Richard Petty Motorsports hit reset for its Cup campaign. New car, new tech partner and – key to it all – new driver, Darrell “Bubba” Wallace Jr. It’s a learning curve, but momentum is building.
In your first start as a full-time Monster Energy NASCAR Cup Series driver, you finish second in the Daytona 500.
Second start, you’re only 32nd in Atlanta. Then 21st, 28th, 20th and 34th – that last one coming at Martinsville Speedway, a track you’d won at twice in the Camping World Truck Series. Ouch.
But for Darrell “Bubba” Wallace Jr., newly-installed in Richard Petty Motorsports’ storied No. 43 for the whole 2018 campaign after a four-race “dress rehearsal” last year, and the guy owning that run of results, the positives far outweigh the negatives. RPM is a team that wants to succeed; it’s made a bunch of significant changes to help it move forward; and in Wallace, it’s confident that it’s found a driver just as motivated and equipped for the journey ahead.
“We still have bugs to work out, and we’re still trying to figure out what our car wants and what it takes to be super-competitive,” says the 24-year-old Wallace. “But I’m excited about where our team is headed and the direction we’re going in. We just have to pick up the pace a little bit more, and that’s what we’re working toward. I’m just enjoying my time here and loving the challenge.”
Wallace replaced Stewart-Haas-bound Aric Almirola at RPM, but hasn’t climbed back into the Ford Fusions he drove when Almirola was out injured in 2017. Instead, RPM’s major reset includes a switch to Chevrolet’s new-for-2018 Camaro ZL1 and a technical alliance with Richard Childress Racing. Everybody, from “The King” down, is on a steep learning curve.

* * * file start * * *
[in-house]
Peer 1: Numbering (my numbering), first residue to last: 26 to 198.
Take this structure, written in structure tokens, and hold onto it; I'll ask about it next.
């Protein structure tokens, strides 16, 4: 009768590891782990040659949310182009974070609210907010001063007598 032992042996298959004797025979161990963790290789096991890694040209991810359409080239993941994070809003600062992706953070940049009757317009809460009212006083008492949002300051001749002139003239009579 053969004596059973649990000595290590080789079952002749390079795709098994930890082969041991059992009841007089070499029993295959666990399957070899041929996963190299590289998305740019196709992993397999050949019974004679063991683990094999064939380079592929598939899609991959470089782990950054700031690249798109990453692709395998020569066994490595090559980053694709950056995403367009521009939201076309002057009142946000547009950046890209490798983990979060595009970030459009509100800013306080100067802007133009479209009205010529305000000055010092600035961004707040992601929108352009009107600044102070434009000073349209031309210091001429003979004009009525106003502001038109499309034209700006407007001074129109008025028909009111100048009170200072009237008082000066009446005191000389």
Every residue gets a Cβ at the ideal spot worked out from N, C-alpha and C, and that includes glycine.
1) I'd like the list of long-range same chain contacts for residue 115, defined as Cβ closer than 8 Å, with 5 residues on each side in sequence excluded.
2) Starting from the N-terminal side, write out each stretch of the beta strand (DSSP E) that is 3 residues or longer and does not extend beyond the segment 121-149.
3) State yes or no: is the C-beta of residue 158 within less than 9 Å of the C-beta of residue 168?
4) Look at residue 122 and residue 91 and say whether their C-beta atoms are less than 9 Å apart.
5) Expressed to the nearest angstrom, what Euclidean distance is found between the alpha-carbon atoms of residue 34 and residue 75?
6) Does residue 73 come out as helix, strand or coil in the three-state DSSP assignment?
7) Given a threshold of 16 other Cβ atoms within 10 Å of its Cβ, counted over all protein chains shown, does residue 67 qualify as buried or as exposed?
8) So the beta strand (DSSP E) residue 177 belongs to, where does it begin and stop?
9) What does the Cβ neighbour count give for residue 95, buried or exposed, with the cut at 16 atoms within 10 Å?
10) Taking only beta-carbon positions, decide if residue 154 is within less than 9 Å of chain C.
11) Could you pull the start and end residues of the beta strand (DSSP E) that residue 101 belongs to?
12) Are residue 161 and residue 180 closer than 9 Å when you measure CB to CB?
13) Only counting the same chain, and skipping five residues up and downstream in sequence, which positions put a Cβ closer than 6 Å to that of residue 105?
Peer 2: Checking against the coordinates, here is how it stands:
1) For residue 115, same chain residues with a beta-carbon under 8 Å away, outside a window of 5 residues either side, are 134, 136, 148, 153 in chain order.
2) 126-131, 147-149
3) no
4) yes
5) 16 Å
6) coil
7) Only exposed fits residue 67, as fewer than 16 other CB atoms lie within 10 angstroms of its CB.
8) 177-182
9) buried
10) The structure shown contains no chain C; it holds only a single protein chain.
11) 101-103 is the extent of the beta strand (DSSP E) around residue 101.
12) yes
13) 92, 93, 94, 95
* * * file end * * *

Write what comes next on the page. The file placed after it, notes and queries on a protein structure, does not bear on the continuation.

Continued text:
“Moving from Ford to Chevrolet, our challenge is that we don’t have the car to give to Bubba to really get him up there yet,” says Petty, “But we’re working hard on that part. Even though he’s been racing all his life, to this form of racing, he’s still a rookie. Second time around at these tracks, he’ll have an idea of what he’s really looking for. But if we can get him a better car, it’ll be a big help. So far, we’ve all seen what he’s had to work with, and right now I’m going to blame the car. He’s doing his job. We’ve got to do ours.”
Wallace refers to himself as something of an open notebook. With so much coming at him at once, he’s thankful to have seven-time champion Petty in his corner.
“It’s been great with Richard,” says Wallace. “He’s given me so many words of wisdom and so much advice. He wants to see his car winning; he knows we’re not where we need to be right now, but he has this vision and he wants to stick with it.
“When we’re running bad, he’s the guy pushing us to make sure we get back on track, and when we’re running good, he’s the first one to come and congratulate us. He’s put a lot of faith and effort in me to be one of the guys leading this from the front, and that means a lot.”
Get the full version of this story in the 2018 Heroes Issue of RACER magazine, on sale now.
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